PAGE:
As one of the most pivotal years of its decade, 1998 was particularly memorable when it comes rap releases, as a number of landmark bodies of work were unleashed to a rabid community of listeners during that calendar year. Among the more noteworthy releases that year was N.O.R.E., the debut solo album from Noreaga, one half of the hardbody Queens duo Capone-N-Noreaga.
First making waves alongside partner Capone on tracks like the West Coast heat-check “L.A., L.A.,” Capone-N-Noreaga followed that up in a big way with their 1997 debut album, The War Report, which announced the former felons as one of the premier rap groups in New York and earned the duo a gold plaque off the strength of the hits “T.O.N.Y.” and “Bloody Money.” However, prior to the album’s release, Capone would be found guilty of a parole violation, leaving him incarcerated — and Noreaga alone to fend for himself and promote the album.
Capone’s extended absence would force Noreaga to become a solo artist in an attempt to keep the group alive, resulting in the making of N.O.R.E., an album that would change the trajectory of Noreaga’s career and become one of the best of its era. Released on June 7, 1998, on Penalty Records, N.O.R.E. was a massive success, peaking at No. 3 on the Billboard 200 and eventually becoming the LeFrak native’s first platinum-certified album. Calling in a number of his peers for the album, Noreaga pulled all of the stops with N.O.R.E., which included contributions from Nas, Big Pun, Busta Rhymes, Cam’Ron, Nature, Jadakiss, Kool G Rap, Carl Thomas, Kid Capri and more heavyweights.
Noreaga would reunite with Capone after Capone’s release from prison, releasing The Reunion in 2000, but Noreaga would also go on to enjoy a successful solo career, releasing multiple platinum and gold albums and becoming one of the more respected, beloved and tenured artists in hip-hop, in which he remains a fixture til this day.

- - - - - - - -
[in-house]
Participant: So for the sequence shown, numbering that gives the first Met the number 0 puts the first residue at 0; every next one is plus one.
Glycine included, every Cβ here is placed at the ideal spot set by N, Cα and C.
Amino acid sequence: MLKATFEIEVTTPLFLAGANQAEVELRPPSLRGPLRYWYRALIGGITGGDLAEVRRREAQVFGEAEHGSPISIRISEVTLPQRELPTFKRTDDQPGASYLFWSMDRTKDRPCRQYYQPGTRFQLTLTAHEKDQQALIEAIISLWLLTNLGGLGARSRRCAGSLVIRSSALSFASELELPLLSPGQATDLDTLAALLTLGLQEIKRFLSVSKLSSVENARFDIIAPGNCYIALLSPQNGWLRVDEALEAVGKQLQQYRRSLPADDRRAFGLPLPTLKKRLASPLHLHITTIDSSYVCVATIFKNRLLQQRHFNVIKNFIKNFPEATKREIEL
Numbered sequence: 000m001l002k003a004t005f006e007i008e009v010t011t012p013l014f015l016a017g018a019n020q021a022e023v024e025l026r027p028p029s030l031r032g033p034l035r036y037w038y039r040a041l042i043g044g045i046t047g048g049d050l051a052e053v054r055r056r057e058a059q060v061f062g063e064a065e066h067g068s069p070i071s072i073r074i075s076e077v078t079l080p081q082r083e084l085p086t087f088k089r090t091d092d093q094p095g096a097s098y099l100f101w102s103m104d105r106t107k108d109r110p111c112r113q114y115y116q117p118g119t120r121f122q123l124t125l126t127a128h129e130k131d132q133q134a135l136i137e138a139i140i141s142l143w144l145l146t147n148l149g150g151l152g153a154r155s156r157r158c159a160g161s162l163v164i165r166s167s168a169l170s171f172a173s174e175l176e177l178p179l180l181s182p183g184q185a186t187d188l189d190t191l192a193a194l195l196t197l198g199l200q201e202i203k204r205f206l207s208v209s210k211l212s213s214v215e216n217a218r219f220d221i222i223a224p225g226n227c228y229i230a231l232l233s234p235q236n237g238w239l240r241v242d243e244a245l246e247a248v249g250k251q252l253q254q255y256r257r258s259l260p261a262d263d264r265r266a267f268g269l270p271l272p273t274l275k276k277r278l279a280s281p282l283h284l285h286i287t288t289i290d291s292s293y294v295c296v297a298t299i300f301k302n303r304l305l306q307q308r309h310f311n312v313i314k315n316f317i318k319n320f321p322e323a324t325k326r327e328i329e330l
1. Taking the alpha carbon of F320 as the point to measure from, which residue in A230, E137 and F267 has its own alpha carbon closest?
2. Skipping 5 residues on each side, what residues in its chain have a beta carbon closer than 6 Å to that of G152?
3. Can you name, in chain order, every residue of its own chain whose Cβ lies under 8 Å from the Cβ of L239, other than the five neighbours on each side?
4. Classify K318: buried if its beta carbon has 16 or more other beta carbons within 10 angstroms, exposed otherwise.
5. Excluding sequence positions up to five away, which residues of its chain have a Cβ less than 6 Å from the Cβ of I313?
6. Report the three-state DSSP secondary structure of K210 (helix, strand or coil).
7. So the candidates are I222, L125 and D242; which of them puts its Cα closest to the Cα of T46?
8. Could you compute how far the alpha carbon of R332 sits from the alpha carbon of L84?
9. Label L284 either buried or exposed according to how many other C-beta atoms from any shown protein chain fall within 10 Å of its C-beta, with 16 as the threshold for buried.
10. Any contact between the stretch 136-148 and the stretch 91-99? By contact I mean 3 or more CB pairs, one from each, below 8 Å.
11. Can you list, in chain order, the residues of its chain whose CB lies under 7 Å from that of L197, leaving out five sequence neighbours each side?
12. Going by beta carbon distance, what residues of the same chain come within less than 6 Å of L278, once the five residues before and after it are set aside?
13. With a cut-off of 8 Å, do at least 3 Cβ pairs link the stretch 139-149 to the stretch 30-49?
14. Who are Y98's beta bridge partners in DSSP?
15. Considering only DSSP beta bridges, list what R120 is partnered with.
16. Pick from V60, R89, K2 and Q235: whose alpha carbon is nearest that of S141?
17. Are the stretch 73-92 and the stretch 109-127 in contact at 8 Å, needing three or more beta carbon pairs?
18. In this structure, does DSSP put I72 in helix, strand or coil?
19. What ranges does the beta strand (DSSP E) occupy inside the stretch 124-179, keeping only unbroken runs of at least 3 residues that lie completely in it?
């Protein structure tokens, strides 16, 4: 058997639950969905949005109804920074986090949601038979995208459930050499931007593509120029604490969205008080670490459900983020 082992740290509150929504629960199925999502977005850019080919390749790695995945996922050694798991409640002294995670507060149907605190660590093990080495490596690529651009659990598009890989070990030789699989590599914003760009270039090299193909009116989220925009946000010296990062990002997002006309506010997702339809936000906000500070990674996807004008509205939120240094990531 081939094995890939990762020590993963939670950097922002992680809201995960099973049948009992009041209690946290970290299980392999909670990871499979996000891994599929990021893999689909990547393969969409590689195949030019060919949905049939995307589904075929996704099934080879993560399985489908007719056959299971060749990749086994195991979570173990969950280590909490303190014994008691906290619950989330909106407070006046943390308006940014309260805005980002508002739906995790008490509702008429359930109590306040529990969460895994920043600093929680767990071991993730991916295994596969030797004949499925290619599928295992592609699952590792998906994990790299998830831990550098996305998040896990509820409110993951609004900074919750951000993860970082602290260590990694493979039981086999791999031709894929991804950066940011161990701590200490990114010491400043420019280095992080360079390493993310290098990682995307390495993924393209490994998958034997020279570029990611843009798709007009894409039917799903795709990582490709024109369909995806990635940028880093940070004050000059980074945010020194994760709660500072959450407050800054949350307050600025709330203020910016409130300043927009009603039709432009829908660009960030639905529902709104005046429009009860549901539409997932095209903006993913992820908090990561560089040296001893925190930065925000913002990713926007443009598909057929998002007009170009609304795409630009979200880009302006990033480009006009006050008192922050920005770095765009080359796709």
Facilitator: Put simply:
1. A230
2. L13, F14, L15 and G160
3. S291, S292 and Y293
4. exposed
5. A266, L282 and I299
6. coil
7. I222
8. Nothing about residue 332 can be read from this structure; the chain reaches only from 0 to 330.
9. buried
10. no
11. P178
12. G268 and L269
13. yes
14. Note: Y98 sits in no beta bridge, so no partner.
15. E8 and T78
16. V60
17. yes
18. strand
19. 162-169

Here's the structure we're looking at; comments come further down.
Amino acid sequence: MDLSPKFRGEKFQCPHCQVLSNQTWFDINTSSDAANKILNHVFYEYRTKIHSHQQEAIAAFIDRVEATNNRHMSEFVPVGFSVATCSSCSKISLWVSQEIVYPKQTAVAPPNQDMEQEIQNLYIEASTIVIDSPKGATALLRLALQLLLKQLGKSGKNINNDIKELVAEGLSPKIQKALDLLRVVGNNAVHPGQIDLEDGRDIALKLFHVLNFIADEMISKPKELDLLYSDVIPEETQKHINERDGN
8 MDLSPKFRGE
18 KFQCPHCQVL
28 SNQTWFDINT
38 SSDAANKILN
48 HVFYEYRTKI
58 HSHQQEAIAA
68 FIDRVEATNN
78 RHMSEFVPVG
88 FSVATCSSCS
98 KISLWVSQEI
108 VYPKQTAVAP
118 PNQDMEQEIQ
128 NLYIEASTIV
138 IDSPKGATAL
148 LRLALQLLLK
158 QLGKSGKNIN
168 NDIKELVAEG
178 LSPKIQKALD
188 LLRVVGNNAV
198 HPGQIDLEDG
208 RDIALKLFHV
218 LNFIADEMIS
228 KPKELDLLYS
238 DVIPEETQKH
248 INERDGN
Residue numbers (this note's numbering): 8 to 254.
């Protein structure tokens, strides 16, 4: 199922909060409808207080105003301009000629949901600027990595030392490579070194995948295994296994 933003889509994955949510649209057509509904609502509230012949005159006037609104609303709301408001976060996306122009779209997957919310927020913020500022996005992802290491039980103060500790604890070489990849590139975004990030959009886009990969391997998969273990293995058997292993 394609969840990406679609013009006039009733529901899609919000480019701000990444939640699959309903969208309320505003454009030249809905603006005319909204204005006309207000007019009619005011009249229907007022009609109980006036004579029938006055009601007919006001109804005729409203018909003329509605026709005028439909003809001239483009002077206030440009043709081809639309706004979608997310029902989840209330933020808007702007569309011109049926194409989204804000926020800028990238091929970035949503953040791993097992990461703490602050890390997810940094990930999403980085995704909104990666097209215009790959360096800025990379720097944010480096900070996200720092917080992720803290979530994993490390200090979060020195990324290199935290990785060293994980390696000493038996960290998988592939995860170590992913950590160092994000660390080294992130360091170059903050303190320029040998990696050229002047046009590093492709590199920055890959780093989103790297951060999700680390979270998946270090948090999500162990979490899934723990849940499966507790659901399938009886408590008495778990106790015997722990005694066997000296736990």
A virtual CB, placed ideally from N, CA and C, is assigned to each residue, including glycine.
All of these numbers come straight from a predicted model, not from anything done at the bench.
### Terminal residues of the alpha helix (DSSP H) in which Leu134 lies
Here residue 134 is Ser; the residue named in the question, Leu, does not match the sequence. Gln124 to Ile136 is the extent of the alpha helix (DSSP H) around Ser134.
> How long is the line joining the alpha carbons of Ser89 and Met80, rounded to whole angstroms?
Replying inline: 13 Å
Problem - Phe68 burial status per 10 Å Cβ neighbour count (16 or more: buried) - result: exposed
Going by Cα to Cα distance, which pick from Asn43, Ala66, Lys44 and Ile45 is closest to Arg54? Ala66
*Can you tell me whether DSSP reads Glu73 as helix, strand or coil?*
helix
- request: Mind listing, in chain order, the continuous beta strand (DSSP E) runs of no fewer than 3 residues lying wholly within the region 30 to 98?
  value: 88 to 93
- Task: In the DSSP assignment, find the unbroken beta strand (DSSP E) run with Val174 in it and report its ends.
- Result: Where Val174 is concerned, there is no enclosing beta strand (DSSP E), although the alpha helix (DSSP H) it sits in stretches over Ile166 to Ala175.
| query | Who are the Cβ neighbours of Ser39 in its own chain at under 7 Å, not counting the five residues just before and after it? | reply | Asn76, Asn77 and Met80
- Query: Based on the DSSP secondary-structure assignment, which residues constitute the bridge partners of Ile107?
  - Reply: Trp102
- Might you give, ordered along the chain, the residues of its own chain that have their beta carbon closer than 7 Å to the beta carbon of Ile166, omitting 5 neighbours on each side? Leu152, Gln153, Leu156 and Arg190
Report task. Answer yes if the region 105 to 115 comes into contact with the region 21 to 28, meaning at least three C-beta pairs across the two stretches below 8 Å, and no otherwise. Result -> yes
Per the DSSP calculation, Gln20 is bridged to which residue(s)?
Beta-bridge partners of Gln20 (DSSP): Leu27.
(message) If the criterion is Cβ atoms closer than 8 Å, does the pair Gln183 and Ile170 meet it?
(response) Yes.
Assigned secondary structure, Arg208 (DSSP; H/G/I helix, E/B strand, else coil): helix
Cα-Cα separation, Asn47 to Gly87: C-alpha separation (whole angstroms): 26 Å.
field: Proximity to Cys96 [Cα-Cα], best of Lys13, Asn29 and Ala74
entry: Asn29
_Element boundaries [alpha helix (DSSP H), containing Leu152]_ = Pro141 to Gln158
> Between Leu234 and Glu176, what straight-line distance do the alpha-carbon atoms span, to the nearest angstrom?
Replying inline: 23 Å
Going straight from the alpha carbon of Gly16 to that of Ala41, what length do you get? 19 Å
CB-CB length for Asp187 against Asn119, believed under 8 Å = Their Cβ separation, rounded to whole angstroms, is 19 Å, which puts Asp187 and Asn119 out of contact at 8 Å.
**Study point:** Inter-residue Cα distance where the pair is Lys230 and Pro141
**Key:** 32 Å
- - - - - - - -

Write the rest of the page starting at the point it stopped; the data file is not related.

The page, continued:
In celebration of the 20th anniversary of Noreaga’s solo debut, REVOLT looks back on five of the definitive songs on N.O.R.E. that speak to the album’s excellence and that stand the test of time.
5 | “Body In The Trunk” featuring Nas
One key collaboration from N.O.R.E. that caught fans’ attention was when Noreaga linked up with fellow Queens native Nas on “Body in the Trunk,” a storytelling record that finds LeFrak City and Queensbridge connecting on the homicidal tip. Seeking Nas’ assistance to get rid of a dead body after getting into a verbal altercation, Noreaga details the events that led up to the murder, while God’s Son serves as the voice of reason as he backtracks his cohort’s moves to ensure a smooth getaway. However, the final verse comes with a plot twist as Nas discovers that he knows the murder victim (who happens to be a convicted felon and drug dealer), but still makes it clear where his loyalty lies as the two handle their business the Queens way.
4 | “I Love My Life”